Rowan’s gains come with closing of another NC plant
SALISBURY — Performance Fibers plans to close a production site in New Hill and move 60 jobs to the company’s plant in Rowan County.
A global manufacturer of industrial and tire reinforcement fibers and fabrics, Performance Fibers on Friday announced plans to cut about 230 jobs at the Moncure facility, which is located in New Hill. The company will transfer production from Moncure to the plant at 7401 Statesville Boulevard and concentrate yarn production in Rowan County during the next 12 to 15 months, spokesman Brad Leach said.
Moncure employees will have first chance at the 60 new jobs in Rowan County, but because the plants are more than 100 miles apart, accepting a transfer likely would mean relocating, Leach said. The company does not yet have a sense of how many Moncure workers will apply for a transfer, he said.
Pressure from imports caused the company to make the change, Leach said. Performance Fibers will invest $25 million to transform and renew the company, he said.
“We need to make an investment to upgrade and modernize our equipment, and that is impossible or difficult to do when you have multiple sites that are not fully utilized,” Leach said.
Performance Fibers did not apply for tax incentives from Rowan County but may qualify for funds to help train new workers, said Robert Van Geons, executive director for RowanWorks Economic Development Commission.
The EDC is working with Rowan-Cabarrus Community College to identify funding for customized worker training, Van Geons said. The addition of 60 jobs at the Rowan plant is good news for the county, he said.
“That facility has been a very, very important one to Rowan County for decades and we are excited to see increased activity and a positive trend of employment,” Van Geons said. “We look forward to continue working with them and supporting them.”
The massive Rowan plant, which measures more than 1 million square feet, currently has 200 employees, Leach said. While capacity at the plant is 200 million pounds of PET fiber — which stands for polyethylene terephthalate, a form of polyester — Leach said the company does not disclose actual production volume, which changes year to year.
The plant is operating well below optimal operating rates, he said.
Before Performance Fibers bought the plant, Invista operated the facility. Before than, it was Hoechst Celanese.
Performance Fibers is a global manufacturer serving 20 percent of global demand for PET fibers and fabrics, which are used as reinforcements for passenger car tires and many industrial products. Among the company’s key advantages is having local production to serve local demand in each region of the world, Leach said.
“Over half of the tires purchased in the U.S. are now coming from imports rather than domestic production,” Wahid Tawfik, CEO for the Americas and Europe, said in a news release. “United States tire manufacturers are our customers, and they are facing considerable and growing competitive pressure.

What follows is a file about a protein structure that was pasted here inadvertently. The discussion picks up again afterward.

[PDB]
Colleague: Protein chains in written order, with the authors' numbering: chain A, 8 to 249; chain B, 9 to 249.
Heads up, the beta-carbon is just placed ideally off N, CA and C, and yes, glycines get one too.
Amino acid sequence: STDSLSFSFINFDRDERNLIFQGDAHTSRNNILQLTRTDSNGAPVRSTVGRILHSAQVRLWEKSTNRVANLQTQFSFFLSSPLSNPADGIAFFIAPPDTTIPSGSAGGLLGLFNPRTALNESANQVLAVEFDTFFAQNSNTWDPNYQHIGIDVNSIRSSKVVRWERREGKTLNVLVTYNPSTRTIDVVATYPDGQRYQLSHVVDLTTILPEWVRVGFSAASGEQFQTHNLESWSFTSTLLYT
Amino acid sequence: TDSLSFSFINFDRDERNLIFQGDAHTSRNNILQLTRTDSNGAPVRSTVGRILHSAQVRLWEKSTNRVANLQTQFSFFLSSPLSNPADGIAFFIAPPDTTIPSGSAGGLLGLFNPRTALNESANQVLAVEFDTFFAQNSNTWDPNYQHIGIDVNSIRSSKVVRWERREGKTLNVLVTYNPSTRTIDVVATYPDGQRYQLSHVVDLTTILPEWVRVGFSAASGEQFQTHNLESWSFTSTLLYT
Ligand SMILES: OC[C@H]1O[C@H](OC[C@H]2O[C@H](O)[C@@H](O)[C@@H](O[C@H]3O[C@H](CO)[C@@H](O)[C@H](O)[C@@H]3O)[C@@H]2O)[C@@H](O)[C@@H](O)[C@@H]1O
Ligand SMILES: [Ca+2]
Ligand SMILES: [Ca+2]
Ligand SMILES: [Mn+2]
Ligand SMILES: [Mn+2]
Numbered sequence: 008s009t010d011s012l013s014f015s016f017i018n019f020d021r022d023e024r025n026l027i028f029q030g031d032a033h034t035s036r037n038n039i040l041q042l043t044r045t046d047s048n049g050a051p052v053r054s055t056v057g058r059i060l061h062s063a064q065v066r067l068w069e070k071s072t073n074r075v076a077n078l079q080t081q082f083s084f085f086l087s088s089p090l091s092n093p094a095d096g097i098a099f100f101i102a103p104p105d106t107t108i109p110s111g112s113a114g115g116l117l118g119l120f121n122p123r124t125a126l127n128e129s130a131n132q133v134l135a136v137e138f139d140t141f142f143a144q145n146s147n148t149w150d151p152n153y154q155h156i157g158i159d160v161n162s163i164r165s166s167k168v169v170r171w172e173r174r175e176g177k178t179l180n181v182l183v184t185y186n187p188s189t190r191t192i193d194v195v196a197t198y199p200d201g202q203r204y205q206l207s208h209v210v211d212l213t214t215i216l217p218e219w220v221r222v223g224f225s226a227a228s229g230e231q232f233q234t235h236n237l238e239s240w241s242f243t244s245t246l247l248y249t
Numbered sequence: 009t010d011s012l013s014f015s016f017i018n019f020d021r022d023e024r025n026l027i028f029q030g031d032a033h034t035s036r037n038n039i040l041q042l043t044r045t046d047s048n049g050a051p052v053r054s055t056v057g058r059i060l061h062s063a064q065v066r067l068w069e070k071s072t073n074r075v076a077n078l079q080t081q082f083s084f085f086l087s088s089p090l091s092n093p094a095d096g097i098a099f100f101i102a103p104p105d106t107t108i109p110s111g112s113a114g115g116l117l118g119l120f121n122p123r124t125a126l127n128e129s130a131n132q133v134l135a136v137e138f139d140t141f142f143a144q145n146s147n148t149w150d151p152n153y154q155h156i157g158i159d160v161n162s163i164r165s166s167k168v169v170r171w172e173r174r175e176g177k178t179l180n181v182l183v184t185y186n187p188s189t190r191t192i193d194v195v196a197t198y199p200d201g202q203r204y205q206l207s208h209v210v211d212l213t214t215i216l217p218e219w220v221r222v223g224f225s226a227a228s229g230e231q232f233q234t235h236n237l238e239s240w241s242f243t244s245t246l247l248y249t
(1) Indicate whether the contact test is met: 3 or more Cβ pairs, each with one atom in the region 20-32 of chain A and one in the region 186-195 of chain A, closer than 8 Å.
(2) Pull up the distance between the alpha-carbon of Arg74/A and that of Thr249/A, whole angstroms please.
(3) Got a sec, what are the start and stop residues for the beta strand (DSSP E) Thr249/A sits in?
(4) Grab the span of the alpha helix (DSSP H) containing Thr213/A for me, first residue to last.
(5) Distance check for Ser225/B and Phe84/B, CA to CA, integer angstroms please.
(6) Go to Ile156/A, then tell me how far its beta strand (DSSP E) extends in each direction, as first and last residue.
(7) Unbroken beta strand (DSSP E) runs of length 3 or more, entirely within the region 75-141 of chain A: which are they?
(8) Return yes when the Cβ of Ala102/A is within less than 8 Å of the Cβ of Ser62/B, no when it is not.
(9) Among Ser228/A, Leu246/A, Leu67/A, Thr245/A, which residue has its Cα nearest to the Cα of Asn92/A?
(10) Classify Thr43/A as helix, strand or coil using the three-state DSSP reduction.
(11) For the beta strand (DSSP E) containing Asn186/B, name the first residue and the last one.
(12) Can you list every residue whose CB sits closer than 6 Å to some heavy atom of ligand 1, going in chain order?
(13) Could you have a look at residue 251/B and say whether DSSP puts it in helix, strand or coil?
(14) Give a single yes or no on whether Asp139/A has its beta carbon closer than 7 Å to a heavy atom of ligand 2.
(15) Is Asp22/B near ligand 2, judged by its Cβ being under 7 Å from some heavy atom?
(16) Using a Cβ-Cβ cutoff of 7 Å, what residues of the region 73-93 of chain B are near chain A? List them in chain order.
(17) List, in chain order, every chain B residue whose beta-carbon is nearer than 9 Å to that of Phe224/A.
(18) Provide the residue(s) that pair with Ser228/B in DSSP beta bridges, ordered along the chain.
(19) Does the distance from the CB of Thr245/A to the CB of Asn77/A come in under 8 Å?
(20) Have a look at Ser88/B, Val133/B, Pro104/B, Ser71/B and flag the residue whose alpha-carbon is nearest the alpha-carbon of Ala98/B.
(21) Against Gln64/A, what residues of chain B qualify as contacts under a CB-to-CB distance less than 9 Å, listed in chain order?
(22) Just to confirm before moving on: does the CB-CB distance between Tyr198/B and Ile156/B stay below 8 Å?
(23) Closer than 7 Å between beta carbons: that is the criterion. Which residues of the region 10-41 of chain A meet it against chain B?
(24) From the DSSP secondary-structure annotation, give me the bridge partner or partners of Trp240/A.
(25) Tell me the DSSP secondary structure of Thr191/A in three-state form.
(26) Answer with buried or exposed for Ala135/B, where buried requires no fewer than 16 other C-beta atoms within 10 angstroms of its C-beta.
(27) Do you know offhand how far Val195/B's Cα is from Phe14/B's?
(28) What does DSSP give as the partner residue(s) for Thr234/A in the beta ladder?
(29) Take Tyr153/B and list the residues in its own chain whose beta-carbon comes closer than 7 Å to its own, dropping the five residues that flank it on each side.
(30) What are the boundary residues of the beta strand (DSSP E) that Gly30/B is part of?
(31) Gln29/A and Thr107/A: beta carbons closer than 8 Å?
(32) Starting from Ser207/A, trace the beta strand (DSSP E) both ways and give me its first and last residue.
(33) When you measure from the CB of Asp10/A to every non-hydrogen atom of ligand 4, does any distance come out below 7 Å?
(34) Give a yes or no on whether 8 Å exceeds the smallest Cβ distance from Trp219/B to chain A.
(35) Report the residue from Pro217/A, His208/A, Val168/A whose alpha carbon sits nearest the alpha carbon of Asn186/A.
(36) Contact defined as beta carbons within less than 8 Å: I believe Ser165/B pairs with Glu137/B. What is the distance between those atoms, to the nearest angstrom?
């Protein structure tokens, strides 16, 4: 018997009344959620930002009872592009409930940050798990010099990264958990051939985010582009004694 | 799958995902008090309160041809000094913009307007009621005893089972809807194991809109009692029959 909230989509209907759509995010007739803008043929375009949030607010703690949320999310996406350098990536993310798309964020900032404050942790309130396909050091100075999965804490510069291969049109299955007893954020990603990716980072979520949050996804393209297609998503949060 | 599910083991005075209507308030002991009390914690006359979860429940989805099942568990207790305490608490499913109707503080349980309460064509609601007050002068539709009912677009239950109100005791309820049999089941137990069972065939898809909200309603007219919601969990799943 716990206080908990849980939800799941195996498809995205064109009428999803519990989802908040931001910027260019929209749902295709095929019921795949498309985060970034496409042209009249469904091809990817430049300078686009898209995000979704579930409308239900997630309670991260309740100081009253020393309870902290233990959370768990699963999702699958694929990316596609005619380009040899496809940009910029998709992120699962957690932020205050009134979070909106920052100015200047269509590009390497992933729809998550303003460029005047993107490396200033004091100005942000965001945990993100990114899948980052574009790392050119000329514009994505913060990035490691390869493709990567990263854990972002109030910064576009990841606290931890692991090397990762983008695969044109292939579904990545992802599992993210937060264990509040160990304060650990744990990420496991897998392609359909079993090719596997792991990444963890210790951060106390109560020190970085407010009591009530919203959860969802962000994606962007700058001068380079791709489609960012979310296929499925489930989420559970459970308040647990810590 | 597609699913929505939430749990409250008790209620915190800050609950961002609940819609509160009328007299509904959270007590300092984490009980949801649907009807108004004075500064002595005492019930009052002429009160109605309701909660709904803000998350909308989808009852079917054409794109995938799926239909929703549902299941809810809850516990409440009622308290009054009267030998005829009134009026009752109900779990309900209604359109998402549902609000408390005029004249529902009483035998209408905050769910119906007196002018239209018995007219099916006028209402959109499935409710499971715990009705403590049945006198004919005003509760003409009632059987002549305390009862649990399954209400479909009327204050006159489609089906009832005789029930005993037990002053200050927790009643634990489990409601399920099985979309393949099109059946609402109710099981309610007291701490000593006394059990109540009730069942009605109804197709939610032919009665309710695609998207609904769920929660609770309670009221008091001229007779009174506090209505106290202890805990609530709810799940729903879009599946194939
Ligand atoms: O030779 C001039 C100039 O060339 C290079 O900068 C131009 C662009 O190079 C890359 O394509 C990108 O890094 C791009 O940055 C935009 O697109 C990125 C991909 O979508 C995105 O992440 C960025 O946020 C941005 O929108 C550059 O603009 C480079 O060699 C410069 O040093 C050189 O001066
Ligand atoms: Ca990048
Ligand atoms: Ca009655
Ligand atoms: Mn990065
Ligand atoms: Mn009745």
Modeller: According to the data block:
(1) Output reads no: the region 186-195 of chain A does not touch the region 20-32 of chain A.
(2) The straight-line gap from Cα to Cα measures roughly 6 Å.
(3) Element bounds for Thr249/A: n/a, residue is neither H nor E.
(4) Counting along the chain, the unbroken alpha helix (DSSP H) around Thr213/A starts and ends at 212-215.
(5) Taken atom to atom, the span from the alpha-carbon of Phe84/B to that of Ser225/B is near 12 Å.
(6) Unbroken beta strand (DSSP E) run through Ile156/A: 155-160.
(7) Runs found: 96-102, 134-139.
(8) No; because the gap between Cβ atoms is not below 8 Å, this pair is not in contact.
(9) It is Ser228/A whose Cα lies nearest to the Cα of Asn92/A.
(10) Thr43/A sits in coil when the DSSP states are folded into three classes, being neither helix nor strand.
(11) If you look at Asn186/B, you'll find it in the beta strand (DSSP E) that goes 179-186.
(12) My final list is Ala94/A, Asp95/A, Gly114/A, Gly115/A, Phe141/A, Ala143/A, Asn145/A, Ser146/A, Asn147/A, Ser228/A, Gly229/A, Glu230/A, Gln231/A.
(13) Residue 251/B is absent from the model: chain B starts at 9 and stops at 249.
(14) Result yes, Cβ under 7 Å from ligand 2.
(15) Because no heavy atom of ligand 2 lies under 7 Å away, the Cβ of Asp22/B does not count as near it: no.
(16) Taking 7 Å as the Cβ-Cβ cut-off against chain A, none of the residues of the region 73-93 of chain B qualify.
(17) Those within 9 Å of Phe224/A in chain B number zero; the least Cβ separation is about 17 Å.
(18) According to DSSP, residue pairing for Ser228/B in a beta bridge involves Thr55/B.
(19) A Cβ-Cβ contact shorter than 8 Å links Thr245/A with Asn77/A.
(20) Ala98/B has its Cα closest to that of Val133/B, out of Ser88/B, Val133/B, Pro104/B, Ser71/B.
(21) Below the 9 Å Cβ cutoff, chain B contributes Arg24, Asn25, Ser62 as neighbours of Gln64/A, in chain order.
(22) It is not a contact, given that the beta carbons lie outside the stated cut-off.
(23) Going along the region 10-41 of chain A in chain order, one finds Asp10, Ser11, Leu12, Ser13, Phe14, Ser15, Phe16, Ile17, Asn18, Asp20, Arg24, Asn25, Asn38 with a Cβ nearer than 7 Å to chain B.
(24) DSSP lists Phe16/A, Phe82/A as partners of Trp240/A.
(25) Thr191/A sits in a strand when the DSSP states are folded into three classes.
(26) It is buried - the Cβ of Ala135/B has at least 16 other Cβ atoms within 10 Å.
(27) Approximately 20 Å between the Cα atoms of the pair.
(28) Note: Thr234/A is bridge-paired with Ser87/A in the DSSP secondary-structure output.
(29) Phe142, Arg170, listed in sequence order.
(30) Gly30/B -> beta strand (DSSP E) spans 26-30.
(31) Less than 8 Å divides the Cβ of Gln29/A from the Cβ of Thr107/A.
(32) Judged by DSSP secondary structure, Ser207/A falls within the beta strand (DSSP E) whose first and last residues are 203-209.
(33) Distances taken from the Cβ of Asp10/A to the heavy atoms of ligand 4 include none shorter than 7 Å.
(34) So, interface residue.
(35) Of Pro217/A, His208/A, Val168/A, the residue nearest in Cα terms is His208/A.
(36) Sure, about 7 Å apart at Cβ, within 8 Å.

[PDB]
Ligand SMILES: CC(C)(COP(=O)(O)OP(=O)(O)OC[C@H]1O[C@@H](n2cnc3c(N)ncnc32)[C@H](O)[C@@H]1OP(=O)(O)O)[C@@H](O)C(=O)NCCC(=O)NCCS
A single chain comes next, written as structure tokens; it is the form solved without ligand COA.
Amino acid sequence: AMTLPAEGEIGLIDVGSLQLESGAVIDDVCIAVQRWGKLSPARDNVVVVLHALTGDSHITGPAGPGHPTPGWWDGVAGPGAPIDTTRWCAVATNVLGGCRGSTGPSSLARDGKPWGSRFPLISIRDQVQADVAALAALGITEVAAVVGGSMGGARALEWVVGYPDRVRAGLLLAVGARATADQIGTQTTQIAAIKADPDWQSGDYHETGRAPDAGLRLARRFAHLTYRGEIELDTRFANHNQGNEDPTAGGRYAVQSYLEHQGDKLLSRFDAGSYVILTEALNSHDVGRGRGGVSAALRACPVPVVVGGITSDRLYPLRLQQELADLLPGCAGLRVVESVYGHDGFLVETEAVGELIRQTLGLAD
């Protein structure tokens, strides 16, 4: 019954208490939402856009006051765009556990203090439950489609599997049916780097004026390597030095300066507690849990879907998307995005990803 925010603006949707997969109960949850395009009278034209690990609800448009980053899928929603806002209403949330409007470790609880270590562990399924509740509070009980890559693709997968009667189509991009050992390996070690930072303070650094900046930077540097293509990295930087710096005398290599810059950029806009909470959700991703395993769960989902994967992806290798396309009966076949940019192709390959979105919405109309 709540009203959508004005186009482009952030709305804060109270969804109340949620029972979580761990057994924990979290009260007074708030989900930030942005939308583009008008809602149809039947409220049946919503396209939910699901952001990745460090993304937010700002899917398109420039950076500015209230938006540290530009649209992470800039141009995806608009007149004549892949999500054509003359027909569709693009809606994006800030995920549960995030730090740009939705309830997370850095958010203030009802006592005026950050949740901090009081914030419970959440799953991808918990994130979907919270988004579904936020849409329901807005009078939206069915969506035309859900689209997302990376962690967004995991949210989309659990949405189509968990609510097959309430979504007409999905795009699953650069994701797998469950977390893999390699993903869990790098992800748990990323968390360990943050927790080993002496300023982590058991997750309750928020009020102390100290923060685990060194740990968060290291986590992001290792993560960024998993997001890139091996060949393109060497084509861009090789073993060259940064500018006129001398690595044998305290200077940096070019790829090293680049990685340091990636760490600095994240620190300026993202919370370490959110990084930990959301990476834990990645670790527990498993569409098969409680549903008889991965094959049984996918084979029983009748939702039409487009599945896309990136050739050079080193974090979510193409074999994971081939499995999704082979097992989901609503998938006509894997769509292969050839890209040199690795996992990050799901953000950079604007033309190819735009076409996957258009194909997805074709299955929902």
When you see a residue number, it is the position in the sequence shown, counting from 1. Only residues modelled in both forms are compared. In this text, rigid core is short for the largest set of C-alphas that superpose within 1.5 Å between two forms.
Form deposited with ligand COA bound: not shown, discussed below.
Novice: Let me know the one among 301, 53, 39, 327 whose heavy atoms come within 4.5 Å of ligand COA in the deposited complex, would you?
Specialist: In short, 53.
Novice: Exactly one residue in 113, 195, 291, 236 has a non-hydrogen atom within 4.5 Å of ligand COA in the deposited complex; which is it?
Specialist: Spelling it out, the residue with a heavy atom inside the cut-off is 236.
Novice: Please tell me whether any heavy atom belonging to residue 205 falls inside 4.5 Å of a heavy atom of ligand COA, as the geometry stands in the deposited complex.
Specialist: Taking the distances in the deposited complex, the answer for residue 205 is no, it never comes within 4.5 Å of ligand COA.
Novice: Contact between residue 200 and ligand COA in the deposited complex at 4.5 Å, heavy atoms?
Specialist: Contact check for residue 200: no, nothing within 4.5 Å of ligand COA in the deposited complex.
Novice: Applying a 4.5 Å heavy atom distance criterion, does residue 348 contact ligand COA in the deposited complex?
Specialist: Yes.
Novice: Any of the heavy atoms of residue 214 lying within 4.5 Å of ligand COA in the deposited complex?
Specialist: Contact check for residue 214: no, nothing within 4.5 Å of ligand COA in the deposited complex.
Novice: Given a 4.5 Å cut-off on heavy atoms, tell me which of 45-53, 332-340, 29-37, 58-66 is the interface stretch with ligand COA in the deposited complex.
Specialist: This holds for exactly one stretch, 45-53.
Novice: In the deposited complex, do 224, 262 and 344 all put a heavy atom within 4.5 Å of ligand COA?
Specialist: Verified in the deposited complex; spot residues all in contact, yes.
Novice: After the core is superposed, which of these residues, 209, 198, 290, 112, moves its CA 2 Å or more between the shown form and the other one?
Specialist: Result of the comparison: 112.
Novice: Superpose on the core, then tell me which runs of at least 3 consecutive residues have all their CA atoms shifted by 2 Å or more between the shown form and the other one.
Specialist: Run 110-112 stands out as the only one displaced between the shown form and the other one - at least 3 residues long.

“Likewise, Performance Fibers faces a double impact with offshore competitors offering similar reinforcement products at lower prices imported into our home markets.”
In order to remain competitive in the face of this double impact, Performance Fibers will invest $25 million during the next 21 months to modernize equipment, improve product quality and create a “product development center of excellence.”
The Moncure facility is expected to close after all products are transferred during the next 12 to 15 months.
“Our customers value our position as the only remaining North American manufacturer of tire reinforcements and industrial products, and we take great pride in producing those products right here in the Carolinas,” said Mark Wall, chief commercial officer.
Performance Fibers is committed to a North American presence, Wall said.
Closing the Moncure plant was a “very difficult decision,” as workers there have made significant and lasting contributions to the business over many years, said Rick Spurlock, vice president of human resources.
But the physical assets of the Moncure site can no longer provide the foundation required in the challenging competitive environment, Spurlock said.
The company’s decision to concentrate yarn production in Rowan gives Performance Fibers the ability to make investment dollars and process changes more powerful, Tawfik said.
“Performance Fibers must make this investment and transformation in order to give our associates here in the Carolinas every opportunity to compete and succeed against offshore competition,” he said.
The company’s annual revenue is more than $800 million.
Contact reporter Emily Ford at 704-797-4264.